Artist: Siying Zhou
Curator: Kate Davis
Pavement Projects, Melbourne
15 October - 15 November 2018
Public Talk: 23 October, 7:00 - 8:15pm at Collingwood Library Meeting Room, Free
Dumpling Workshop: 26 October, 6:00 - 8:00pm at Otao Kitchen, $22.50
review by Chloé Hazelwood
Through an exhibition, a public conversation and a dumpling workshop, Siying Zhou’s To Master Your Mother Tongue explores the socio-political position of female Chinese Australians and the cultural identity of female Chinese immigrants.
The installation at Pavement Projects displaces the stereotypical representation of Chinese women in the context of Australian immigrant life. The domesticity of the window box, conjured through the pink backdrop, evokes a little girl’s bedroom, the walls of Marge and Homer’s house or a mid-century bathroom. But up close, the assemblage of reconfigured objects elevate the voices of female Chinese immigrants, asserting authority over anyone who has ever dared to pigeonhole, underestimate or exclude them. This includes the White voices that dominate the feminist movement and the male ones that have failed to represent women in the history of Chinese Australians.
Each element, of which there are many, has been painstakingly selected to offer entry points for all passers-by. Three modified LED shop signs with ‘YEAH’ ‘YAEH’ and ‘yeh’ flicker, while slowly rotating bronze chicken feet appear from within the drawer of a white cabinet that has been bejewelled with ‘suk my exotic fingers’. Above, the base of a tall lamp dons two wigs; a long blonde one veiled with a black bob. Two sleeved mannequin hands have been impaled by Japanese chopsticks that sit erect on slightly raised middle fingers; two kangaroo fur pom poms rest at one's base. Gloved fingers are pinching a tongue, and the image has been suspended from the roof with gold chains. Behind the spectacle and humour, these objects are barbed; the discomfort and tension they emit apparent.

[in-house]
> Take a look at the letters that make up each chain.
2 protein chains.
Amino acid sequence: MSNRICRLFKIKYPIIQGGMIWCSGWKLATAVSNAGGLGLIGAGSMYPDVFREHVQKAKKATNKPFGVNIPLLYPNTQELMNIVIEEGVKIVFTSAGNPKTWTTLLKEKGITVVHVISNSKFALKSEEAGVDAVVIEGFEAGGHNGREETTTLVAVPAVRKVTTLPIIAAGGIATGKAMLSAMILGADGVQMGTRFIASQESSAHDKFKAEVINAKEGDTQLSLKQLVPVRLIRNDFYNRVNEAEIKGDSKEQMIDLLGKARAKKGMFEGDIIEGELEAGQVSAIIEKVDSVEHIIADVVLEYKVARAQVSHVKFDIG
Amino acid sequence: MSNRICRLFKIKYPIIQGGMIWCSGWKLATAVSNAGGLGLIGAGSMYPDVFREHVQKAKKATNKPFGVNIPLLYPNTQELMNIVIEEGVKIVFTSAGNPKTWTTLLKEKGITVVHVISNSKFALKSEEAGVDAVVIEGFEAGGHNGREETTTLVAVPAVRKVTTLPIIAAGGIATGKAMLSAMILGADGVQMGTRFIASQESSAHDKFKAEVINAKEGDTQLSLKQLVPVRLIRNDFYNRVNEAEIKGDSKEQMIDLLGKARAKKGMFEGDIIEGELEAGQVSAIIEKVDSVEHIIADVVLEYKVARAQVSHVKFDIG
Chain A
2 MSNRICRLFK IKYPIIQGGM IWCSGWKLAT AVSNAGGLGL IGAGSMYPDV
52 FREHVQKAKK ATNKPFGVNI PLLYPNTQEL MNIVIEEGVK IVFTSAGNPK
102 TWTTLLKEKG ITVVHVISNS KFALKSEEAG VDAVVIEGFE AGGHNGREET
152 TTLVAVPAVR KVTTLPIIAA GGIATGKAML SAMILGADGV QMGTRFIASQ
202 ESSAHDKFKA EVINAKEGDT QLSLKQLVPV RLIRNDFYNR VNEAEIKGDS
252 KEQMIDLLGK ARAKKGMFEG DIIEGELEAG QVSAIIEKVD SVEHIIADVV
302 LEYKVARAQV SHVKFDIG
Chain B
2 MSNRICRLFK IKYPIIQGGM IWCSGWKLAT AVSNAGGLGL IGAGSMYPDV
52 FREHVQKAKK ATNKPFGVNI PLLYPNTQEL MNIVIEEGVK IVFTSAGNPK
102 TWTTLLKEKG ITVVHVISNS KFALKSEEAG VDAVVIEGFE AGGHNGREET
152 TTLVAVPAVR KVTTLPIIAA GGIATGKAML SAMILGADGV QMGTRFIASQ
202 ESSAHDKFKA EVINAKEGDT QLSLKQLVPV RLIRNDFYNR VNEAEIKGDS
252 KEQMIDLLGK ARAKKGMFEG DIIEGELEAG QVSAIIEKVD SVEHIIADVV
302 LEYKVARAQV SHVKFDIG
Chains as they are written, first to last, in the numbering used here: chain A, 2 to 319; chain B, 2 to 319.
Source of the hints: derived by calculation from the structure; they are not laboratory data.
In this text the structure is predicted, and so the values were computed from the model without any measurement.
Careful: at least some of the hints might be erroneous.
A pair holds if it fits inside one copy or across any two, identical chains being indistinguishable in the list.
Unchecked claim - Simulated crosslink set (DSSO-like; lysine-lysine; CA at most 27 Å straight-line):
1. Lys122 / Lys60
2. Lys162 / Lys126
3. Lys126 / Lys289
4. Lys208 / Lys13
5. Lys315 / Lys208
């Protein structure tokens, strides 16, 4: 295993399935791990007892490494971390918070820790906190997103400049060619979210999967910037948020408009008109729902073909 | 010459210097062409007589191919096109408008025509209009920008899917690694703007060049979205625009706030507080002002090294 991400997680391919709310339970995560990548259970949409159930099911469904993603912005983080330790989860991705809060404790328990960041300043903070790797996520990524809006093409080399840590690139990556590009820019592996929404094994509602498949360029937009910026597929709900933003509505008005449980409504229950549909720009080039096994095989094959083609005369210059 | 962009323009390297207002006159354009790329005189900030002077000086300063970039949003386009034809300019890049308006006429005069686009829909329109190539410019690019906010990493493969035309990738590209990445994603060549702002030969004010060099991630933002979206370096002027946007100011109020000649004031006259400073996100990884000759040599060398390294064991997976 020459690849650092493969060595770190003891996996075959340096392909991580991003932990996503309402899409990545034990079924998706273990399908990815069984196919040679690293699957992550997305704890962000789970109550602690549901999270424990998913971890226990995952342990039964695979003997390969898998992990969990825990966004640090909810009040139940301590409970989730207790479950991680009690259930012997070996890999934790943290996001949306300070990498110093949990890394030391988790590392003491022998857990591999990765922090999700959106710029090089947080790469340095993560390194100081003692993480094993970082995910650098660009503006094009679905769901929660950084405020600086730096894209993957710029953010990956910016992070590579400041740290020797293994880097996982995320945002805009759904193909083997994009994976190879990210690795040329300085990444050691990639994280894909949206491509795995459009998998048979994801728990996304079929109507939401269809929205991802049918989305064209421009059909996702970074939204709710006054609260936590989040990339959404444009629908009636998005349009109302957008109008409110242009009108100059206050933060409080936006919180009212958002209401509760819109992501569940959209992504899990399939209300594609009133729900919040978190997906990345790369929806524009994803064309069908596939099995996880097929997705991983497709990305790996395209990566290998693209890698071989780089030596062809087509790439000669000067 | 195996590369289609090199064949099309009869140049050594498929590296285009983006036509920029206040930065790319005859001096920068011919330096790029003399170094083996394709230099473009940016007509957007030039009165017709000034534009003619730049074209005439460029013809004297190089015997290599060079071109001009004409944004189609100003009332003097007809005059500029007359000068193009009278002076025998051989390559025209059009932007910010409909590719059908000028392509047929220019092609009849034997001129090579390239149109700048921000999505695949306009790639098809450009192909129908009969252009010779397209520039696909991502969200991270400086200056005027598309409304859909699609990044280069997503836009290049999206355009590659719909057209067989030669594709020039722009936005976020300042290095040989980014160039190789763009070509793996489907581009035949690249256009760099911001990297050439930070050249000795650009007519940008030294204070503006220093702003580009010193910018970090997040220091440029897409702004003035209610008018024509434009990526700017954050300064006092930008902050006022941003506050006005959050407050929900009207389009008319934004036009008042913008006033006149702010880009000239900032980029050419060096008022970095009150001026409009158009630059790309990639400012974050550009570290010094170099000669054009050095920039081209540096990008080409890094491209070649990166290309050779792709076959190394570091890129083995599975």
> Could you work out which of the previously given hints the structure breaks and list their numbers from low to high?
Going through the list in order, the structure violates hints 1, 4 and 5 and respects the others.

The notion of being Chinese is further questioned in the workshop, where participants will be asked to invent dumplings that reference their favourite family food. While at the public conversation between the artist and Pia Johnson, Pia will present her unique Chinese identity by sharing her own stories and experiences. By placing female Chinese Australians at the fore, this project examines ‘multiculturalism’, which is so often used to describe contemporary Australian society. It sheds light on the diversity of Chinese cultural identity and Australian cultural identity, and the correlations between them.
Born in China, Siying Zhou is an interdisciplinary artist. Primarily research-based and project-driven, Zhou uses images, sound, video, objects and space to provoke questions, construct propositions and draw discussions towards cultural and social conventions and norms. Zhou’s artworks embody her interests in various representational forms of cultural difference, the sense of selfhood formed through immigration, and the intricate relationship between the land and its dwellers.
Photo: Kate Davis